November 19, 2010


Kombucha is a fermented tea that can be drunk for medicinal purposes.  You've probably seen people drinking it at your yoga studio as well as sitting on the shelves at many health food stores.  It kind of reminds me of apple cider.  It is super refreshing and I find it quenches my thirst like nothing else.

According to Wikipedia, the first recorded history of Kombucha began in Russia in the late 19th century where it was called "tea mushroom" or "mushroom tea".  This website says Kombucha originated in China during the Tsin Dynasty and was called the Tea of Immortality.  The drink, apparently, has many health benefits, such as aiding our digestive tracts and altering the pH balance of our large intestine.  It also contains many different acids that are good for the body as well as B vitamins.  However, none of these benefits have been proven by any Western scientists, so there are many skeptics out there.  I figure that if people have been consuming this beverage for so many years, there must be some truth to it.

I started making my own Kombucha a couple months ago.  My yoga friend, D, gave me a "baby" from her "mother".  A baby is other wise known as a S.C.O.B.Y (symbiotic colony of bacteria and yeast).  It is weird looking, kind of like a placenta - I know, gross.  It is very firm and mushroom like and smells like vinegar.  You add the S.C.O.B.Y to brewed black or green tea and sugar and allow it to ferment for 7 to 10 days.  The S.C.O.B.Y feeds off of the sugar while producing acids, such as acetic acid, malic acid and folic acid.  The fermenting tea must be kept in a dark space at room temperature.  The bacterial culture does not like to be exposed to light or cool temperatures, or it dies.  After it has fermented you pour the liquid into jars, I use Mason jars.  I fill them right to the top and then put them back in the cupboard for 5 to 10 days.  This seems to make the tea slightly fizzier, which I like.  I, then, keep the jars in the fridge and drink about a cup a day, usually after yoga class.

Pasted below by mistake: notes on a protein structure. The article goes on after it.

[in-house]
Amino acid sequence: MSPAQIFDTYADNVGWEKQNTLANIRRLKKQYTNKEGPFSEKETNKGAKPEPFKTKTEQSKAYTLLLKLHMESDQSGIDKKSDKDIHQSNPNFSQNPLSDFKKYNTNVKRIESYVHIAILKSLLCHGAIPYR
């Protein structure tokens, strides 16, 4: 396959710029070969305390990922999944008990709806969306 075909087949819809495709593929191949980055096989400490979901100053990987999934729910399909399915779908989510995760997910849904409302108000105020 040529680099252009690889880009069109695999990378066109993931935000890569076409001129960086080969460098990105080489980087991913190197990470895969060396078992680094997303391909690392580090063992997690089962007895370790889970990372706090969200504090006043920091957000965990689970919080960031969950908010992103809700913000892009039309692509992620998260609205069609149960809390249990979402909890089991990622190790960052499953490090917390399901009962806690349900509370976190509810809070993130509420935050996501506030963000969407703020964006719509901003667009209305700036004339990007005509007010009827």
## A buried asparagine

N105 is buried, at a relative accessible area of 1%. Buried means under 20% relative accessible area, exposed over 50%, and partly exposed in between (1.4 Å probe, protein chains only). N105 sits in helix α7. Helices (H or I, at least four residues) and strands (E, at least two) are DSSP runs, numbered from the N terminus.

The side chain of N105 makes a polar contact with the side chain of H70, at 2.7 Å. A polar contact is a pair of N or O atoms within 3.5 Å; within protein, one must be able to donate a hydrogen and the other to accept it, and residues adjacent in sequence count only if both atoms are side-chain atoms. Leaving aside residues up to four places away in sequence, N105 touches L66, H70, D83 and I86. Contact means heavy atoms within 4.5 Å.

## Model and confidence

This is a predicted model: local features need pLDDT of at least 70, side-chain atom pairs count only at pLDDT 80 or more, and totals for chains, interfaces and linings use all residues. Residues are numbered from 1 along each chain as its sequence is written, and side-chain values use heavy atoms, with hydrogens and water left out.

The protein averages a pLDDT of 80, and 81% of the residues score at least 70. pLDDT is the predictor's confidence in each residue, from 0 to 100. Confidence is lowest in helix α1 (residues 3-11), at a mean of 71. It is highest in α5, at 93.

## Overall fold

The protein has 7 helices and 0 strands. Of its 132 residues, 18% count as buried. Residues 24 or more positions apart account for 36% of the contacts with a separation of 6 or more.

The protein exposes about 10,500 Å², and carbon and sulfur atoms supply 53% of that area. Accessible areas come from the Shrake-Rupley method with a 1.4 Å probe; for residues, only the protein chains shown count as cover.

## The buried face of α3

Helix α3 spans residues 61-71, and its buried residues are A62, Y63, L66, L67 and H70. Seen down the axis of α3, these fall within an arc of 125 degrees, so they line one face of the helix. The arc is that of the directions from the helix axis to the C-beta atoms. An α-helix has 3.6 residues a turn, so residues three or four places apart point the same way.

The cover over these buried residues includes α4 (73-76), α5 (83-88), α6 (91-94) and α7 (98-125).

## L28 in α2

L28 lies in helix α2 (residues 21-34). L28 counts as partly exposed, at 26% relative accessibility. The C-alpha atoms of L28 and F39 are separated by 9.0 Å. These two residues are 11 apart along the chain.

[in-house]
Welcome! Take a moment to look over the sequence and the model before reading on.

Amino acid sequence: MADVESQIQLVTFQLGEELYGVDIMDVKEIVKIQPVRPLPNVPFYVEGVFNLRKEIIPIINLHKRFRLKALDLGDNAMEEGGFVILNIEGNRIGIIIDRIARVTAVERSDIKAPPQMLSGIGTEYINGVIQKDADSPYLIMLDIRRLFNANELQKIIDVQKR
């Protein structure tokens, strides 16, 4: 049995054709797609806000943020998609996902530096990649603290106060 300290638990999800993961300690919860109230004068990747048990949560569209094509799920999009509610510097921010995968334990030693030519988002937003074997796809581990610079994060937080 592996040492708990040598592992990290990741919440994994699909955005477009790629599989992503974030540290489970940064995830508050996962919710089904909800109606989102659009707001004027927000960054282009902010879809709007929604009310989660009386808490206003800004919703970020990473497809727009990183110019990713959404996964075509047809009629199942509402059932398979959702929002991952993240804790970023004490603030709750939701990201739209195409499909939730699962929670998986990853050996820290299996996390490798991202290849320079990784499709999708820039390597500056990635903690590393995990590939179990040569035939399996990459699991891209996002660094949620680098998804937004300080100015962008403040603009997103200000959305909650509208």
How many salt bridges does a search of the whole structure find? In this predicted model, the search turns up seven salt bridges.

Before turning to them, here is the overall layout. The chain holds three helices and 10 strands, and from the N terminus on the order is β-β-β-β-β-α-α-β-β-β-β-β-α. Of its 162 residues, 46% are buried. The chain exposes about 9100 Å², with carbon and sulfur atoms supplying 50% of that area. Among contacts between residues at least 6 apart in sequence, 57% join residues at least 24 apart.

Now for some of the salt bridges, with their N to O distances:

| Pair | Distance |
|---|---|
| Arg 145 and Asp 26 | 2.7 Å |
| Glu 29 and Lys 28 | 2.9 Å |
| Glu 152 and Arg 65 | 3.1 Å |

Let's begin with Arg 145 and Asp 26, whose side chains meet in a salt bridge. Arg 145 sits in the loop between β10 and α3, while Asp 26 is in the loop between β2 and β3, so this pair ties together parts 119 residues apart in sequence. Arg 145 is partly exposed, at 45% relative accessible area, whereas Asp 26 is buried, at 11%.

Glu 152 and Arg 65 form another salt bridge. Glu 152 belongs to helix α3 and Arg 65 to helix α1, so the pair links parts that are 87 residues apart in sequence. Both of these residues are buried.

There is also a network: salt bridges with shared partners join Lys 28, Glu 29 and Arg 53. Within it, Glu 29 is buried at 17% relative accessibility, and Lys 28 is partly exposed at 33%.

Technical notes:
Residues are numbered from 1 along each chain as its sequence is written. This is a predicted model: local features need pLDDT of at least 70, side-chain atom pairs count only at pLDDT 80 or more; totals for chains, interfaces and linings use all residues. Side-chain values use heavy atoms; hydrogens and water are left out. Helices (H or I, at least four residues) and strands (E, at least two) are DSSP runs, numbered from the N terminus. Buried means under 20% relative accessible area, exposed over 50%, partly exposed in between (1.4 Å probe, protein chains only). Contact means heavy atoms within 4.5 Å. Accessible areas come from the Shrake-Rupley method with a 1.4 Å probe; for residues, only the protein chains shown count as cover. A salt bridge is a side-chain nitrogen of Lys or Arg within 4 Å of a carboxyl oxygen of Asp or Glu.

There are many different ways to make Kombucha.  The basic steps are the same, you can find them on the website above or at Seeds of Health.  I have used two different teas, always black.  And have tried different steeping times for the tea.  I like my Kombucha best when I steep the tea for only a few minutes, steeping it longer makes the Kombucha taste more like actual black tea, which I don't particularly care for.  With my next batch I am going to put a few slices of ginger in the jars and see how it tastes.

If you can get your hands on a S.C.O.B.Y, I highly recommend trying to make your own Kombucha.  It is very satisfying, extremely easy and it's always fun to drink something that you've made.

Me and my first batch of Kombucha.

My gorgeous Kombucha.


Some Guy said...

Hey, you're cute.

Lady J said...

Glad I know who this Some Guy is:)
Thanks, love.

ellelove7 said...

Awesome! I just tried kombucha for the first time a few weeks ago.
Its nice to see your face finally, btw! :)